Dev Week: Benchmarking containers and fine-tuning latency


This article expects that the reader knows the concepts of containers, Liberator and how Liberator serves container subscriptions. Checkout this for more information.

In brief, a container object holds a list of record names, which are considered as the elements of the container. It’s typically used to hold a list of financial instruments that the client application displays in a grid format. If a subscription is made for a container, a liberator serves the client with the list of records in that container, which is followed by updates for each record. The larger the container, the longer it will take to get all the updates, depending on several variables. For a financial trading application, it is necessary to ensure that the latency in receiving those elements is reduced to a minimum.

As a project for Dev Week 2017 in Caplin, I worked in automating the Container benchmark process because we wanted to benchmark performance of Liberator to handle containers in different scenarios. I had previously created a benchmark application, which required some additional touch ups and configurations.

The agenda for Dev Week was:

  1. Configure the tests to run in CI and create a CI pipeline for it

  2. Add a feature to persist the recorded data in a database

  3. Display graphs in a web interface using a suitable tool

  4. Add a feature to compare data with previous benchmark data

In this blog, I have tried to explain about all the scenarios that were required to be considered for container benchmark, what was achieved in devweek, and what still needs to be done.

BenchMark Scenarios

Time taken for getting all subscribed container records depends on several factors such as the number of records in a container, size of each records in that container, setting params like window size, yield size and so on. Window size is a parameter used to set size of container which specifies how many records will be send back in the container, if the size of container is larger than the set window size. To know more about windowing check here . Setting container yield size config in liberator,  sets containers in batches of rows to prevent serving of a large container, from delaying other operations in session thread. More information about container-yield-size here. Setting these variable, clearly affects the time it takes to serve the container to it subscribers. Hence, they need to be considered when performing the benchmark. For the benchmark, I have separated the time it takes to receive only list of records in the container and the overall time which also includes the record updates. Thus there are several scenarios that needs to be considered when benchmarking container. All assumed scenarios are listed below, which are self explanatory.

1

Small Container, Small Records, With Window, Ignore Record Updates

2

Small Container, Small Records, With Window, Include Record Updates

3

Small Container, Small Records, No Window, Ignore Record Updates

4

Small Container, Small Records, No Window, Include Record Updates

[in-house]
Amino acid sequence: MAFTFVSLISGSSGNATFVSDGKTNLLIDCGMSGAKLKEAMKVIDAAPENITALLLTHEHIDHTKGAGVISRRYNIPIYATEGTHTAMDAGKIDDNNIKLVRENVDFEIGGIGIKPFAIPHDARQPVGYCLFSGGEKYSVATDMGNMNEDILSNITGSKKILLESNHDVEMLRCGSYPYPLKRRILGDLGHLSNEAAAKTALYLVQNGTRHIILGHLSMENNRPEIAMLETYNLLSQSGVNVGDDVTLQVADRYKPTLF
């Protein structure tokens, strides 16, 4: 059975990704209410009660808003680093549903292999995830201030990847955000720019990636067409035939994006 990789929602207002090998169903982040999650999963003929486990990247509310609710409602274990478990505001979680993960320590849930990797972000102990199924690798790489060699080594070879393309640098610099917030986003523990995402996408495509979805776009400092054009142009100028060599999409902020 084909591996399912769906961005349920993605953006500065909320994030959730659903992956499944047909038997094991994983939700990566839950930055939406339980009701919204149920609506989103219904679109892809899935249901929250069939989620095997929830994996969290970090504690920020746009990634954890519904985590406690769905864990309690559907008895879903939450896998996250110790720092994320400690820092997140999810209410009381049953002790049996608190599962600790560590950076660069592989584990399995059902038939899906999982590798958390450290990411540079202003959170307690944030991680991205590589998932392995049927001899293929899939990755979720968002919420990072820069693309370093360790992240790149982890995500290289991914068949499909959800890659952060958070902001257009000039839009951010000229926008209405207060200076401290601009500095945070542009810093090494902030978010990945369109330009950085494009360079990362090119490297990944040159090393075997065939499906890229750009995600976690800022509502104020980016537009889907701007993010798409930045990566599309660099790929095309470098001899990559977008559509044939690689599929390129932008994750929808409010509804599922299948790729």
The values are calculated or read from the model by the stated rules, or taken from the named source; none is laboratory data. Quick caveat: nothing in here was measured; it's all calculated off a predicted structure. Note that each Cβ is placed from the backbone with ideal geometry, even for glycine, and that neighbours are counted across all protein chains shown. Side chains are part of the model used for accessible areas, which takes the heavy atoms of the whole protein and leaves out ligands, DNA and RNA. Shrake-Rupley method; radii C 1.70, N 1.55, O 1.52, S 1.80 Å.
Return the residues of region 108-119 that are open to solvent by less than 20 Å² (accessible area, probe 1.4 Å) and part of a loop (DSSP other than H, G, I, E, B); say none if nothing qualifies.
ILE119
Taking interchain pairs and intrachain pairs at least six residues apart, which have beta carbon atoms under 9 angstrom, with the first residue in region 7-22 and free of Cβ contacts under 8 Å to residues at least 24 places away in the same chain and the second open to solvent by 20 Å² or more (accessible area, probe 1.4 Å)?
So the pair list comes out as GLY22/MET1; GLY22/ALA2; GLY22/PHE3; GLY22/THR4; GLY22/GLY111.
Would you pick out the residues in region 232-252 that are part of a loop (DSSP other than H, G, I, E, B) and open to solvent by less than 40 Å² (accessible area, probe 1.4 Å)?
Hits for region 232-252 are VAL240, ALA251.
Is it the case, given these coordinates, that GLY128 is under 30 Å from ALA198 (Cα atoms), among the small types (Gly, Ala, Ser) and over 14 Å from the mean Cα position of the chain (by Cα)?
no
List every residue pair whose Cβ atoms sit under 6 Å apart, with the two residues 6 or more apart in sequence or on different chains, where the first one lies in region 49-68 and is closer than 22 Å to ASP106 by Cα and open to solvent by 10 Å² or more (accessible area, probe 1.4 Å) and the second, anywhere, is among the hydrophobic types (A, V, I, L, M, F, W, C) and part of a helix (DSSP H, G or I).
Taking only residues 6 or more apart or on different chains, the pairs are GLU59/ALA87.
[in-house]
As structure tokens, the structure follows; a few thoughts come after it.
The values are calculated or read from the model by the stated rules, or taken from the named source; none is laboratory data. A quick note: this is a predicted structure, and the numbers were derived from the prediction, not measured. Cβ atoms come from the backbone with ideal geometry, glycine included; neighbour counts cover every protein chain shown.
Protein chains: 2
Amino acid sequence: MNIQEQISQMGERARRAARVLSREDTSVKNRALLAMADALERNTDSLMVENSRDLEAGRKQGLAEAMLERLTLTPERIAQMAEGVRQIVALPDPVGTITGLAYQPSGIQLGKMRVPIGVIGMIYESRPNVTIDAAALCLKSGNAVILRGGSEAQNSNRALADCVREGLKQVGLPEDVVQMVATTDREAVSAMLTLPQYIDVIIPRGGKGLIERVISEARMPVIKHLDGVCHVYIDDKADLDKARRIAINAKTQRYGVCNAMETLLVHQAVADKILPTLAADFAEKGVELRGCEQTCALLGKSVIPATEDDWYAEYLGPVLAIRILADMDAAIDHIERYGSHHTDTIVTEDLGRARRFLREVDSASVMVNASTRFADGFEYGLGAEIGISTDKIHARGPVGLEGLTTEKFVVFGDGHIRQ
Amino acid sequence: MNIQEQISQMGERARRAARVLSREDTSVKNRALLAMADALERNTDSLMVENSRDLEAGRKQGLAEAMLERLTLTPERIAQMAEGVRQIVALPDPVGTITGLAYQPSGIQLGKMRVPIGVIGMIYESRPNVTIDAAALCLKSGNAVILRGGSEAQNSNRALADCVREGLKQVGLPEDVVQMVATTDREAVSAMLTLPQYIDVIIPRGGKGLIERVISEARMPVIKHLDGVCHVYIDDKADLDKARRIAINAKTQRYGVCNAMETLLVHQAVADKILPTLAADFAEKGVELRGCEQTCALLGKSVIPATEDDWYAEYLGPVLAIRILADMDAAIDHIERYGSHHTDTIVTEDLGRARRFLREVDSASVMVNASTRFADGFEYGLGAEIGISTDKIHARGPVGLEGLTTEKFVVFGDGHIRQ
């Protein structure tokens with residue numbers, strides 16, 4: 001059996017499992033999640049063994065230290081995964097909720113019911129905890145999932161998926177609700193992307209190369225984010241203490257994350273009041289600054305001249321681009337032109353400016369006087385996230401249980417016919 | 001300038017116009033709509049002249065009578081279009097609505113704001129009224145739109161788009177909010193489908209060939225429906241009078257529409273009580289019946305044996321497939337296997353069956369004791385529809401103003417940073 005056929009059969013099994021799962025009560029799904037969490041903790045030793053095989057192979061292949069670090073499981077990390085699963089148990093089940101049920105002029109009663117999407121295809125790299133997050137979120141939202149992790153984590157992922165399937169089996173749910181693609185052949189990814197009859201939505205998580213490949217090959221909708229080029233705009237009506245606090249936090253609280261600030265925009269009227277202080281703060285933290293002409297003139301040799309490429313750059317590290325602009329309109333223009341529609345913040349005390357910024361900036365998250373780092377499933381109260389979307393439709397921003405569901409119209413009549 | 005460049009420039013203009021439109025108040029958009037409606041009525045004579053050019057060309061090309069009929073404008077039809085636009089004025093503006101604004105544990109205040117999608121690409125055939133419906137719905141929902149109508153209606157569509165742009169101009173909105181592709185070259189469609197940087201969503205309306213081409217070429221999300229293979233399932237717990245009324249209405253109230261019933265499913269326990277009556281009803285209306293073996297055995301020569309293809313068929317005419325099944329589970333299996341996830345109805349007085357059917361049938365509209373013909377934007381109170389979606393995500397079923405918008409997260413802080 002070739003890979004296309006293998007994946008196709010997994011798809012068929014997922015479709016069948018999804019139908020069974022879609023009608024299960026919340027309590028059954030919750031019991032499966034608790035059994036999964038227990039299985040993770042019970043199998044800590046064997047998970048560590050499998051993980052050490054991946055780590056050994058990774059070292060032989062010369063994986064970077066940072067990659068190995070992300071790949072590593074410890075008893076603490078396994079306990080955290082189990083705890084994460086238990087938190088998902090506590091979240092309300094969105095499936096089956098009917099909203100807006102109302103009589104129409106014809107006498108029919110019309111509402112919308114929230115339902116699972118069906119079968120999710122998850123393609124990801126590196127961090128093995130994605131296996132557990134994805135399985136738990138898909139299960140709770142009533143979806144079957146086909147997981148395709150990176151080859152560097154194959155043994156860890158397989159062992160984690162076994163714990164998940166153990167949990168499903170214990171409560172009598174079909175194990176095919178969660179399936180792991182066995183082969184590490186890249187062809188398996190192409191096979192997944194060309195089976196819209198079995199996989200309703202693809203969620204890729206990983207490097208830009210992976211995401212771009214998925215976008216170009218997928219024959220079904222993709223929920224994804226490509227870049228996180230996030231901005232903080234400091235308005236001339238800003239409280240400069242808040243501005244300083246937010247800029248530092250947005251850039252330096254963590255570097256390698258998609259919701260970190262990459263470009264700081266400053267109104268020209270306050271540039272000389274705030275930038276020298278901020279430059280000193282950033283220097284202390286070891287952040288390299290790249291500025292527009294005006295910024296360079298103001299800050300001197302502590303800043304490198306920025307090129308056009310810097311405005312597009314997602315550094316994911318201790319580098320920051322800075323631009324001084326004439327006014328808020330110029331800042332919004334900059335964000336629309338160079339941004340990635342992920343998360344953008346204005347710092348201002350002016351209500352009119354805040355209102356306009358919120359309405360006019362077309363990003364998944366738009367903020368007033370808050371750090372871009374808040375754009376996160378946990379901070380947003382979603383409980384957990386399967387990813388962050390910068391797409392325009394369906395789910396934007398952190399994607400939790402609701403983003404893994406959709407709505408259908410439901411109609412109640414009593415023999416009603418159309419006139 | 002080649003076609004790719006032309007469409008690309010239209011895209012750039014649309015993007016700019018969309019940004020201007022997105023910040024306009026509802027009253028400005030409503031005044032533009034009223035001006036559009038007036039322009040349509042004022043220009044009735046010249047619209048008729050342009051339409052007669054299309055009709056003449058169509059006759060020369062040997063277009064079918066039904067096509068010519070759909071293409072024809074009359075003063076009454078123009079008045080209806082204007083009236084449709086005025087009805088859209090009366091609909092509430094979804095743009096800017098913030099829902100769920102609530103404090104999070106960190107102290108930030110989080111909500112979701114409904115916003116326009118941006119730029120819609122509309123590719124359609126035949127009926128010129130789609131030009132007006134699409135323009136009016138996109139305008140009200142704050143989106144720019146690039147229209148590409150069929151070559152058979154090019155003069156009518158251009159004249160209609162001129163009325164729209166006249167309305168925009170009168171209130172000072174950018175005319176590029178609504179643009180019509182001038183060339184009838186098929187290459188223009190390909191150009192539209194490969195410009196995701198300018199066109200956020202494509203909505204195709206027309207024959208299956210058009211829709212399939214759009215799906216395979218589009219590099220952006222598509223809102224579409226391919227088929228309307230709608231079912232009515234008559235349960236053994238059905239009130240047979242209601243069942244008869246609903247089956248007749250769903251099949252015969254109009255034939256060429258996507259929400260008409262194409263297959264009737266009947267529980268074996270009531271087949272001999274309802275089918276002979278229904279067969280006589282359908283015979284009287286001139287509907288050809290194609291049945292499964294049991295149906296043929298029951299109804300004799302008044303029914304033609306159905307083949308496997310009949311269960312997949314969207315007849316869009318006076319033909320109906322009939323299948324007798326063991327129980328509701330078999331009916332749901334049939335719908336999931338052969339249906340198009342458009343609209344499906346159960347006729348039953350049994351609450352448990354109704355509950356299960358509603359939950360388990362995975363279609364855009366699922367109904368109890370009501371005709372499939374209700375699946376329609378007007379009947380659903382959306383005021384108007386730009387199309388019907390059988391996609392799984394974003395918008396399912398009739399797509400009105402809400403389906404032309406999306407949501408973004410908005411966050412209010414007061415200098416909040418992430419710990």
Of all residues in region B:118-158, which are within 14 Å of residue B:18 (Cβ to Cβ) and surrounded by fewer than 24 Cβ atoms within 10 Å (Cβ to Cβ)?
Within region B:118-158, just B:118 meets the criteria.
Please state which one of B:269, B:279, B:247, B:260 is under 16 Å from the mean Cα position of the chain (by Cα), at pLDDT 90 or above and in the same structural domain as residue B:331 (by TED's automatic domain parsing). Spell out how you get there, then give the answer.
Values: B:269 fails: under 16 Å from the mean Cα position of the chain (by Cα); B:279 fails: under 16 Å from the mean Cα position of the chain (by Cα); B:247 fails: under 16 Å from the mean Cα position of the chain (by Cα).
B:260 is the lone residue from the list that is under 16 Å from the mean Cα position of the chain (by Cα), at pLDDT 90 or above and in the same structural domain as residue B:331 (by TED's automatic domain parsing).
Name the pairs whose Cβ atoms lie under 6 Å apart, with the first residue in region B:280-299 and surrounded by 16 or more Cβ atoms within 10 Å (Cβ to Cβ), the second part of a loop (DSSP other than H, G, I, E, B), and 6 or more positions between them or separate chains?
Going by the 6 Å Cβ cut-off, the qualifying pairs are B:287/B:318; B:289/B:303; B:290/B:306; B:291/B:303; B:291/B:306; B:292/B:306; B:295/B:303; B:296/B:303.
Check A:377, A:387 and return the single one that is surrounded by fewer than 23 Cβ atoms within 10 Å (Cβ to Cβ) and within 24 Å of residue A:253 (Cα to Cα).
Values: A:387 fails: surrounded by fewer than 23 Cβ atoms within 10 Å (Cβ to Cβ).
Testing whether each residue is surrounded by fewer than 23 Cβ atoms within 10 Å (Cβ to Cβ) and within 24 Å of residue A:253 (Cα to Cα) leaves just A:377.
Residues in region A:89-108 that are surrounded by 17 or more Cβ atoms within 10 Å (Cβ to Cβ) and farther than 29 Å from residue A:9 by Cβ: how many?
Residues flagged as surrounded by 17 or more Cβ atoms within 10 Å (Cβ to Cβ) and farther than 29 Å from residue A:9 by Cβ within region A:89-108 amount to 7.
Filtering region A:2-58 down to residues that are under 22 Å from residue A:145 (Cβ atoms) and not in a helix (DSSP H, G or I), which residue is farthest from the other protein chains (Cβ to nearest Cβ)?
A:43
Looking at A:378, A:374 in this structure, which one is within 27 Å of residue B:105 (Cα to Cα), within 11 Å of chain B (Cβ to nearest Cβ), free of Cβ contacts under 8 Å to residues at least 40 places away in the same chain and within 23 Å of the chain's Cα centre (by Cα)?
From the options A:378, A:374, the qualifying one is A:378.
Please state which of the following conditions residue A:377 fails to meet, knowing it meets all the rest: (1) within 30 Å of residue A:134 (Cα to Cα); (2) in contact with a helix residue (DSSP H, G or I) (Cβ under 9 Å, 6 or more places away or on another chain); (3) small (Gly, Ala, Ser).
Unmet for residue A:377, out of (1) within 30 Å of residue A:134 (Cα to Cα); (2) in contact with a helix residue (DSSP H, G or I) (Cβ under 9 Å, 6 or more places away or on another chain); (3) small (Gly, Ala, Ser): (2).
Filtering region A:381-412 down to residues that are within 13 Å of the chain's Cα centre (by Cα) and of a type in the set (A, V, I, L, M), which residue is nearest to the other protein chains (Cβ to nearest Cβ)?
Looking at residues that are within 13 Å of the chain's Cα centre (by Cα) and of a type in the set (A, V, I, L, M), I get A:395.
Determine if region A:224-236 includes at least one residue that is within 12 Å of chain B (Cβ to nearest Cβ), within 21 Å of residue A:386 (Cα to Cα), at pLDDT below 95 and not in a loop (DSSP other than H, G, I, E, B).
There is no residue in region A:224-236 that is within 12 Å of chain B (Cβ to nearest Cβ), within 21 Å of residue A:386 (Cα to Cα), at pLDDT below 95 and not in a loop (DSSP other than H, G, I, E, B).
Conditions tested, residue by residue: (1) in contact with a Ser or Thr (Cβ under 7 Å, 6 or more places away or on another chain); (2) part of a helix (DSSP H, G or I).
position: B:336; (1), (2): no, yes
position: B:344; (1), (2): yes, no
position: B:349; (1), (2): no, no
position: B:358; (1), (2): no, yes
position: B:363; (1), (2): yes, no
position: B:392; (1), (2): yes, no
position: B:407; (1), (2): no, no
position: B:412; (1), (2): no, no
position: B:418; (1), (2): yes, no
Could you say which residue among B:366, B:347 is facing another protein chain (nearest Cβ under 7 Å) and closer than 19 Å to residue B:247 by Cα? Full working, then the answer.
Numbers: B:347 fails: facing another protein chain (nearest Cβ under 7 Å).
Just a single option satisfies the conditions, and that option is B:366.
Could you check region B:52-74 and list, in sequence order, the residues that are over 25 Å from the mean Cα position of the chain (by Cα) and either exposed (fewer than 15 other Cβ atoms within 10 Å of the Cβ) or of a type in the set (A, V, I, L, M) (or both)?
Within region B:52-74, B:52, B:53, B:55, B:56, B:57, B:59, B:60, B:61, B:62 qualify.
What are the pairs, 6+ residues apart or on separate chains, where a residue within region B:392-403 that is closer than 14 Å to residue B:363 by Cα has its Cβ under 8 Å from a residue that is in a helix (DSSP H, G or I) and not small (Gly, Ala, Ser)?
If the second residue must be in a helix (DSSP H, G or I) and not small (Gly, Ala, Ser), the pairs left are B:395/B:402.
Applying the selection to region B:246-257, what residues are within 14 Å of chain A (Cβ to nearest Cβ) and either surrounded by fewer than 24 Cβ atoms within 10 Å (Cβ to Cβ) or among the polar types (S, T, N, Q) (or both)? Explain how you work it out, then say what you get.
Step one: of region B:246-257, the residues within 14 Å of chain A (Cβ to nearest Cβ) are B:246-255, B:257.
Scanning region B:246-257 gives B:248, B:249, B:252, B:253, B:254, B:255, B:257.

5

Small Container, Large Records, With Window, Ignore Record Updates

6

Small Container, Large Records, With Window, Include Record Updates

7

Small Container, Large Records, No Window, Ignore Record Updates

8

Small Container, Large Records, No Window, Include Record Updates

9

Large Container, Small Records, With Window, Ignore Record Updates

10

Large Container, Small Records, With Window, Include Record Updates

11

Large Container, Small Records, No Window, Ignore Record Updates

12

Large Container, Small Records, No Window, Include Record Updates

13

Large Container, Large Records, With Window, Ignore Record Updates

14

Large Container, Large Records, With Window, Include Record Updates

15

Large Container, Large Records, No Window, Ignore Record Updates

16

Large Container, Large Records, No Window, Include Record Updates


Achievements

The test consists of a properties file for each scenario, which can be edited to set several params such as maximum latency, maximum number of user subscriptions, window size, container size, number of rows in container and so on. In CI, benchmark tests for above set of scenarios are run with container-yield-size set (which is by default), and without container-yield-size is set. Two separate CI pipelines are created for this purpose. The benchmark test was configured so that a single gradle command would set up all necessary environment and all scenarios are run sequentially. The data recorded would then be persisted in a MySQL database. This test is run in CI pipeline and is triggered each time a 7.0 liberator kit is generated. With each build, separate graphs are generated for each scenario. An example of graph is displayed below for a specific scenario.

Screen Shot 2017-08-16 at 12.19.17
Fig. Container benchmark graph for scenario: SMALL_CONT_SMALL_ROWS_WITH_WINDOW_INCLUDE_RECORD_UPDATES

ToDos

Although most of the goals were achieved during the devweek, the project could not be completed. The plan for dev week was also to ensure that the collected data for this benchmark, would be used to display real time graphs in web UI using appropriate web tools. But due to time constraint that could not be achieved. Hence the next steps to complete this project would be to generate graph in web interface for those different scenarios, which would be updated with new data, each time the CI build for benchmark is run. In addition to generating a real time graph, it’s necessary to compare the result with the previous results to ensure that there is no performance regression. Another feature can be added in the benchmark tests, which compare the results and perform some action like sending an email or triggering a build fail, if there is performance regression.

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